REMINDER: Please mark your calendar for January 24th, 6-8pm, and plan to attend the Comprehensive Outdoor Recreation Plan Open House so you can voice your concerns regarding making Franklin a competitive community that is travel-friendly for children, the elderly, and differently abled persons.
At this week’s National Association of Home Builders conference, there has been much talk about the estimated 80 million people that comprise the category known as “Gen Y,” born roughly between 1980 and the early 2000s. The boomers, meanwhile, number 76 million. From the Wall Street Journal:
Here’s what Generation Y doesn’t want: formal living rooms, soaker bathtubs, dependence on a car.
In other words, they don’t want their parents’ homes.
Something to keep in mind here in Franklin, as we struggle to create a wider and deeper tax base as well as attract young talent. However, as I noted in yesterday's post, we're still mired in outdated notions about trails and sidewalks as mere "recreational opportunities" when they are in fact crucial infrastructure.
Gen Y housing preferences are the subject of at least two panels at this week’s convention. A key finding: They want to walk everywhere. Surveys show that 13% carpool to work, while 7% walk, said Melina Duggal, a principal with Orlando-based real estate adviser RCLCO. A whopping 88% want to be in an urban setting, but since cities themselves can be so expensive, places with shopping, dining and transit such as Bethesda and Arlington in the Washington suburbs will do just fine.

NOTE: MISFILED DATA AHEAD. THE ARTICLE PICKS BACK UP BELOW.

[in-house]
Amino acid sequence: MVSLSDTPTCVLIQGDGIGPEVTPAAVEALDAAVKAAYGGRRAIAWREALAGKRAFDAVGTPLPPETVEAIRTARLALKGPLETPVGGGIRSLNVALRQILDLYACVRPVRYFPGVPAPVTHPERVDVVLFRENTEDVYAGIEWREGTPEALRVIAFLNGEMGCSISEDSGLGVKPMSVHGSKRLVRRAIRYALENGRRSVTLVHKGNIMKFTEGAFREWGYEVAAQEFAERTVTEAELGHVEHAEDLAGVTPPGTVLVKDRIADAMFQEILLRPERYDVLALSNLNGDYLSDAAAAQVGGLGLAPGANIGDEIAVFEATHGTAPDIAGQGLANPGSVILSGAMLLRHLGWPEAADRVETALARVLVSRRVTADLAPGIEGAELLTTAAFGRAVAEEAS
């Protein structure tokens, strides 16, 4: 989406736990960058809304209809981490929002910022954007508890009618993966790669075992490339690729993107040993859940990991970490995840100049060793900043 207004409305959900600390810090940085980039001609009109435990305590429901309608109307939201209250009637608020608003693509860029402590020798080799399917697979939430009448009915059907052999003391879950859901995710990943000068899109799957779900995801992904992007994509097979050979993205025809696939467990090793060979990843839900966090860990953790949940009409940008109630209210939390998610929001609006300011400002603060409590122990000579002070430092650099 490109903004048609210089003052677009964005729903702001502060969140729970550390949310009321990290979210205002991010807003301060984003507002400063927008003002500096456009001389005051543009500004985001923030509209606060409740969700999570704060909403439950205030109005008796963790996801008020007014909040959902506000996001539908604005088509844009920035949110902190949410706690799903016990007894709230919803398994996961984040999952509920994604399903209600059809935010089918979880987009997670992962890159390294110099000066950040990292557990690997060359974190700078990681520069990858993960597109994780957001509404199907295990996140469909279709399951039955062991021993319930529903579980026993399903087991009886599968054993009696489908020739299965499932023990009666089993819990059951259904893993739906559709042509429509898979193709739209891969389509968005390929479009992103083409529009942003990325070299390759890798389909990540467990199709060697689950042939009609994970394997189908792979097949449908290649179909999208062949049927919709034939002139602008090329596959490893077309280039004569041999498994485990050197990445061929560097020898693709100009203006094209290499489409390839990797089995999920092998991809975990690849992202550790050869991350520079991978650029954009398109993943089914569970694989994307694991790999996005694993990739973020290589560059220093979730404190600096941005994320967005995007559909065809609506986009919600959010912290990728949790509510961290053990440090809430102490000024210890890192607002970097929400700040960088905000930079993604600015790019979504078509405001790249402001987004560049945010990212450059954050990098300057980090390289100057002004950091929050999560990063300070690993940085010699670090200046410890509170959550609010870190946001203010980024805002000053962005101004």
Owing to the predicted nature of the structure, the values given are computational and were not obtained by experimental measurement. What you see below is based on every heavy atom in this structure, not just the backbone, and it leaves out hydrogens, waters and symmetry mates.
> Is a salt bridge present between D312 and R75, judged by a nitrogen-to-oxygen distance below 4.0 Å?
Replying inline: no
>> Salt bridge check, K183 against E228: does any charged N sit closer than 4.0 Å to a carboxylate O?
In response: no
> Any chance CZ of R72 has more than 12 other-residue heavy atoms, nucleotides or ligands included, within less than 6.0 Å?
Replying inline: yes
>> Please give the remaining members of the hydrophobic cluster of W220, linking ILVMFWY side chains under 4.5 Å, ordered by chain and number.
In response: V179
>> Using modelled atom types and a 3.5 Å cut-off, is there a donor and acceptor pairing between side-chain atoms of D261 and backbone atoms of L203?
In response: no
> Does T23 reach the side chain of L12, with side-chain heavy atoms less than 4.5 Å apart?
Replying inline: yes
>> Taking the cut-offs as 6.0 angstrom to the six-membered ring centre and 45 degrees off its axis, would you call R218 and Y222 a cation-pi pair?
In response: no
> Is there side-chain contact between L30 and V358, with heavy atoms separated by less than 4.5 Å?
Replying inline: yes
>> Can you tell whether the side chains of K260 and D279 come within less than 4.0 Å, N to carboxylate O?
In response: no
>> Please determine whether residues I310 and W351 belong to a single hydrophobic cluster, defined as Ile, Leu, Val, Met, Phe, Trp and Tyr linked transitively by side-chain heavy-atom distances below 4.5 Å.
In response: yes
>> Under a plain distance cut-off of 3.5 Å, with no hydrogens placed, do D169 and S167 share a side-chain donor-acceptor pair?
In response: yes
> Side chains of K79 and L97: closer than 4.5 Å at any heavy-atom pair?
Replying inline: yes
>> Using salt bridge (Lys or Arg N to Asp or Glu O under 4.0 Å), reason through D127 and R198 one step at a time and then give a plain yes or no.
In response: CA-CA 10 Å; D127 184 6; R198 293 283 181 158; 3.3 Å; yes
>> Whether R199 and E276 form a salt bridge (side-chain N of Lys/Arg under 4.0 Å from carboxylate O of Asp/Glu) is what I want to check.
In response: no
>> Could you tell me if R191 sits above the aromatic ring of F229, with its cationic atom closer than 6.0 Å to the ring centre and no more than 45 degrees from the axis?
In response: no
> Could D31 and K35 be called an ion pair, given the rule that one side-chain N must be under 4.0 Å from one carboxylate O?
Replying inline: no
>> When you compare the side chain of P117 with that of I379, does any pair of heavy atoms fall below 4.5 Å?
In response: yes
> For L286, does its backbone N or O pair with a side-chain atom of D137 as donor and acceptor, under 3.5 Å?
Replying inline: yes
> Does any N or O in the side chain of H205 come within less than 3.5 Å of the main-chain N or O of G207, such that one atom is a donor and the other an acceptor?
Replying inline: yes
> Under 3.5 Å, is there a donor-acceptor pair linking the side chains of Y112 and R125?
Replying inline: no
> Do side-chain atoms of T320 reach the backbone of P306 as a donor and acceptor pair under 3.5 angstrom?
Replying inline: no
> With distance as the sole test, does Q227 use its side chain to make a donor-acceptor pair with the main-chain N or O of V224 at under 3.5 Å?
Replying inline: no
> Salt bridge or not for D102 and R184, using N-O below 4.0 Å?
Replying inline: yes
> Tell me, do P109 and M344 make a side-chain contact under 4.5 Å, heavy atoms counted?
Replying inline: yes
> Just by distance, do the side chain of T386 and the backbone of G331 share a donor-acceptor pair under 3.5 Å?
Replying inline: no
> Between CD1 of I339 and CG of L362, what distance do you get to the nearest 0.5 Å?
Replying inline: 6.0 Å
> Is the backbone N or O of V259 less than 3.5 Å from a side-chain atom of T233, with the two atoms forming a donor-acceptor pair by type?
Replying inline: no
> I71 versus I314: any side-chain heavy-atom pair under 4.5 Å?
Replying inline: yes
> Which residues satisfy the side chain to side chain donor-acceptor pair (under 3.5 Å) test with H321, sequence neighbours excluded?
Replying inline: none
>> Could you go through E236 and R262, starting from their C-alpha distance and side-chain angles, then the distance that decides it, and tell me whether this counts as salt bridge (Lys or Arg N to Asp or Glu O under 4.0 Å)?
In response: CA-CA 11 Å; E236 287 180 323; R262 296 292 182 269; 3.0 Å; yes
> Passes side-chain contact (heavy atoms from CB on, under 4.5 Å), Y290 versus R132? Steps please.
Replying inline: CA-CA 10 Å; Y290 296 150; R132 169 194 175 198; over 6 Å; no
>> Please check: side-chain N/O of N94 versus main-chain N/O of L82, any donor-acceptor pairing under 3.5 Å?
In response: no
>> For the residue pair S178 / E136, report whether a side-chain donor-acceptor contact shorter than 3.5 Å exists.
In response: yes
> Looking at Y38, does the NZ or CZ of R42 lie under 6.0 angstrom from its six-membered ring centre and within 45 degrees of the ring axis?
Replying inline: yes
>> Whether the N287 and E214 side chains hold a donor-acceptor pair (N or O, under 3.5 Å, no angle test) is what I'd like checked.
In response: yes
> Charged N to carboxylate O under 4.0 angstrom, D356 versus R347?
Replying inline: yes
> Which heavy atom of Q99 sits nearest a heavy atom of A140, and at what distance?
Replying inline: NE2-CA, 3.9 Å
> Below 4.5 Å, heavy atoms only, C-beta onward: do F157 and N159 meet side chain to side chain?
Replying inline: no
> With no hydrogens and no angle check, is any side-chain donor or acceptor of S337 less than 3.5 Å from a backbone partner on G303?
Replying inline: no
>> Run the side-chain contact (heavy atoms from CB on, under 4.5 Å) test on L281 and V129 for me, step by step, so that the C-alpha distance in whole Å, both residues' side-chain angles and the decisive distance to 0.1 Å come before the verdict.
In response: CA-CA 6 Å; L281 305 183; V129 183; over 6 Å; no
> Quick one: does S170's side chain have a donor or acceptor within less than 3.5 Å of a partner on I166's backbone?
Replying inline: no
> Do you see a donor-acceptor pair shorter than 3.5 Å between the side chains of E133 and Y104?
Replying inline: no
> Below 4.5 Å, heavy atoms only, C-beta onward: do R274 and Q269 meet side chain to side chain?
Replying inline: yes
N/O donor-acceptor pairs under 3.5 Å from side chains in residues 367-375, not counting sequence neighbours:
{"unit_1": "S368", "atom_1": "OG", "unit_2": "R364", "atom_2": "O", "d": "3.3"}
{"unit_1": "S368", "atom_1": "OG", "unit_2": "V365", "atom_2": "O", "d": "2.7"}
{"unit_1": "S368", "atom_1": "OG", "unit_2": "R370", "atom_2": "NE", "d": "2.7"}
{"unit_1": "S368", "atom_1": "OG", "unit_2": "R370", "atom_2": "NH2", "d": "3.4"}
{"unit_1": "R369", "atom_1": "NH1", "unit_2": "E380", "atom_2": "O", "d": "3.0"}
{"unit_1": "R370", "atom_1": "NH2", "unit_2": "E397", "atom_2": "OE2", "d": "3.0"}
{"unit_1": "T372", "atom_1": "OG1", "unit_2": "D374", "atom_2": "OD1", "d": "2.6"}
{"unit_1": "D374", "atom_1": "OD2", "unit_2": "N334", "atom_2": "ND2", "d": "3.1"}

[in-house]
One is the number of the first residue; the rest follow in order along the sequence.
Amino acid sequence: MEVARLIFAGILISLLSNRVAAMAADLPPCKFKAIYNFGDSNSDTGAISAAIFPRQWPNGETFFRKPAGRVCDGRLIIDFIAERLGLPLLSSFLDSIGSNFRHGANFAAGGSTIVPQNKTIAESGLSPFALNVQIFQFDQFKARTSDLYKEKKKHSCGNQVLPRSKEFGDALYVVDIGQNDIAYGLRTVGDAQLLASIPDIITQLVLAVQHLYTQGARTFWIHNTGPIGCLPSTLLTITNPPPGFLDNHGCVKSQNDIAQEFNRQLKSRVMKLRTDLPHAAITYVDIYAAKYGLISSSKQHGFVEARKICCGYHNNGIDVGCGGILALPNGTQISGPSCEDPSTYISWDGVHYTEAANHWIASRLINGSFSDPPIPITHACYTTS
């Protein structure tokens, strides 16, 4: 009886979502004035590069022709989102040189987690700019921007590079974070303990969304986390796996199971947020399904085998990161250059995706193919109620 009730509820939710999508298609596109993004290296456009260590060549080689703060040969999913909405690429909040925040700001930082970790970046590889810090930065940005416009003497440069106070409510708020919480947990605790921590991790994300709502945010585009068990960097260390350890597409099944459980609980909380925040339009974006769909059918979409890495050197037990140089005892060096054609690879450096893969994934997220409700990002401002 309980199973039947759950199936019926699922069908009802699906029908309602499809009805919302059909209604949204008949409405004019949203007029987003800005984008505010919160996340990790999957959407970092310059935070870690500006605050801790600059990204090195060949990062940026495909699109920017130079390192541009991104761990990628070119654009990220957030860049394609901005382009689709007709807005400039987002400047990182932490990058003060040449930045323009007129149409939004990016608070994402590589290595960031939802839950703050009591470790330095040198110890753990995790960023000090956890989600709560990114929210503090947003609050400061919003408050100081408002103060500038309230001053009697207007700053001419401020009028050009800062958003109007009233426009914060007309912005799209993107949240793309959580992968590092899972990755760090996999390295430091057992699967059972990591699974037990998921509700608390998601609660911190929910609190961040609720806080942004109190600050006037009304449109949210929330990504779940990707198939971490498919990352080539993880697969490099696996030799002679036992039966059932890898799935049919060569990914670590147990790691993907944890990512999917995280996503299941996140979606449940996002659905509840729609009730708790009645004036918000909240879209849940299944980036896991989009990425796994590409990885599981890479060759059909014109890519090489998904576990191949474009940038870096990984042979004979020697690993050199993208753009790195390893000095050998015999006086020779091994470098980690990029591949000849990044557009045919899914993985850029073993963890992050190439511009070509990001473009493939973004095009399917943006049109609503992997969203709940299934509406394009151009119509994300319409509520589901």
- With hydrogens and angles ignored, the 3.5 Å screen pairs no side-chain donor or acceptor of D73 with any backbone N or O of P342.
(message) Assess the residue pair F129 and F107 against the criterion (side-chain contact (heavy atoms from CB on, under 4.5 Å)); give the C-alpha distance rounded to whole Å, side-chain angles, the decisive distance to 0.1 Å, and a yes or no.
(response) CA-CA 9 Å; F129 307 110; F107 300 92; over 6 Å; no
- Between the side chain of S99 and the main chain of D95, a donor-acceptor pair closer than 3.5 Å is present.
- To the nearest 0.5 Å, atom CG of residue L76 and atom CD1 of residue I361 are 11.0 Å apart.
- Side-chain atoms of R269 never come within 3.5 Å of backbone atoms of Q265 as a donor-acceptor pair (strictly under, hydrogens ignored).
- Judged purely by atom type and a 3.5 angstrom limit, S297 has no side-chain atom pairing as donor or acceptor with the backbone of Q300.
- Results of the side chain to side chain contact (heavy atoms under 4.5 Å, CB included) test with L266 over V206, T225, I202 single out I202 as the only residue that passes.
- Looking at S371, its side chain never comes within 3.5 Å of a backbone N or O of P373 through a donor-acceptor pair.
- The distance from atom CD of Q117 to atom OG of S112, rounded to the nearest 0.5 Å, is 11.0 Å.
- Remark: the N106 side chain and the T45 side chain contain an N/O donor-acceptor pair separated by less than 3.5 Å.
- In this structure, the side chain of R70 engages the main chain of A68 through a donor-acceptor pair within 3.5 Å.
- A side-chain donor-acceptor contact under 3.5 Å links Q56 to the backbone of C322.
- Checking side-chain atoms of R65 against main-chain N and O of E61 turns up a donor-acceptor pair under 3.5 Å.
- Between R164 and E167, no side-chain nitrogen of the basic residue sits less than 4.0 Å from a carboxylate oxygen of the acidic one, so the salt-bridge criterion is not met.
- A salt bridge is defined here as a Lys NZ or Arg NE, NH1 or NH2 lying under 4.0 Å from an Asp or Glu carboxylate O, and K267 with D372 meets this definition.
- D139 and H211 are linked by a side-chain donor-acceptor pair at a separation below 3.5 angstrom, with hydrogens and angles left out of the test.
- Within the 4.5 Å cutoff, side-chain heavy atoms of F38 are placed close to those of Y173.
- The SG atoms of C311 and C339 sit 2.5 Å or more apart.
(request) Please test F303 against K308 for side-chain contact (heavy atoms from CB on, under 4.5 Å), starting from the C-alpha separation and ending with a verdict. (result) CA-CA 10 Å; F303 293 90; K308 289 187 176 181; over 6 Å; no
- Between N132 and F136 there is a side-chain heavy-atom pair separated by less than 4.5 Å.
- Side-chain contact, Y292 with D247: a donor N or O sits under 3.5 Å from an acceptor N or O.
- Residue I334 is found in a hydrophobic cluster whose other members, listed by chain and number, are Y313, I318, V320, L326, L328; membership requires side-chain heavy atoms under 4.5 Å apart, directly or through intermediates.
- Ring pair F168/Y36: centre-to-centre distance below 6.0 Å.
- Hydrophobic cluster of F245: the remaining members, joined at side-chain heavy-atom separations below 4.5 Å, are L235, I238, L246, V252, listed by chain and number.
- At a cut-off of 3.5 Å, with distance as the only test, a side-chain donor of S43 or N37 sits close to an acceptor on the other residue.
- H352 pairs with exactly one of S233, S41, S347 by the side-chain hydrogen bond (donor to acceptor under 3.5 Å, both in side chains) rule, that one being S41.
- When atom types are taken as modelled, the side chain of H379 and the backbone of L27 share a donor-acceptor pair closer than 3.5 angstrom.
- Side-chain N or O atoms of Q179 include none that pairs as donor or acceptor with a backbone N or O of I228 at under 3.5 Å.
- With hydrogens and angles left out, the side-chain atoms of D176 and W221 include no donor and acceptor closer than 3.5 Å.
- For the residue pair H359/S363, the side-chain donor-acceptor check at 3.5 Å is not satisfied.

“One-third are willing to pay for the ability to walk,” Ms. Duggal said. “They don’t want to be in a cookie-cutter type of development. …The suburbs will need to evolve to be attractive to Gen Y.”
ABOVE: From a previous post on SPRAWLED OUT: An example of a trail that is certainly "recreational," but A) does not connect any destinations (it merely loops through a park), and B) empties into a blind curve on a suburban speedway, further shielded by trees and shrubs (indicated with green boxes).
The City of Franklin has been working for some time on a new Comprehensive Outdoor Recreation Plan, and is now inviting public input.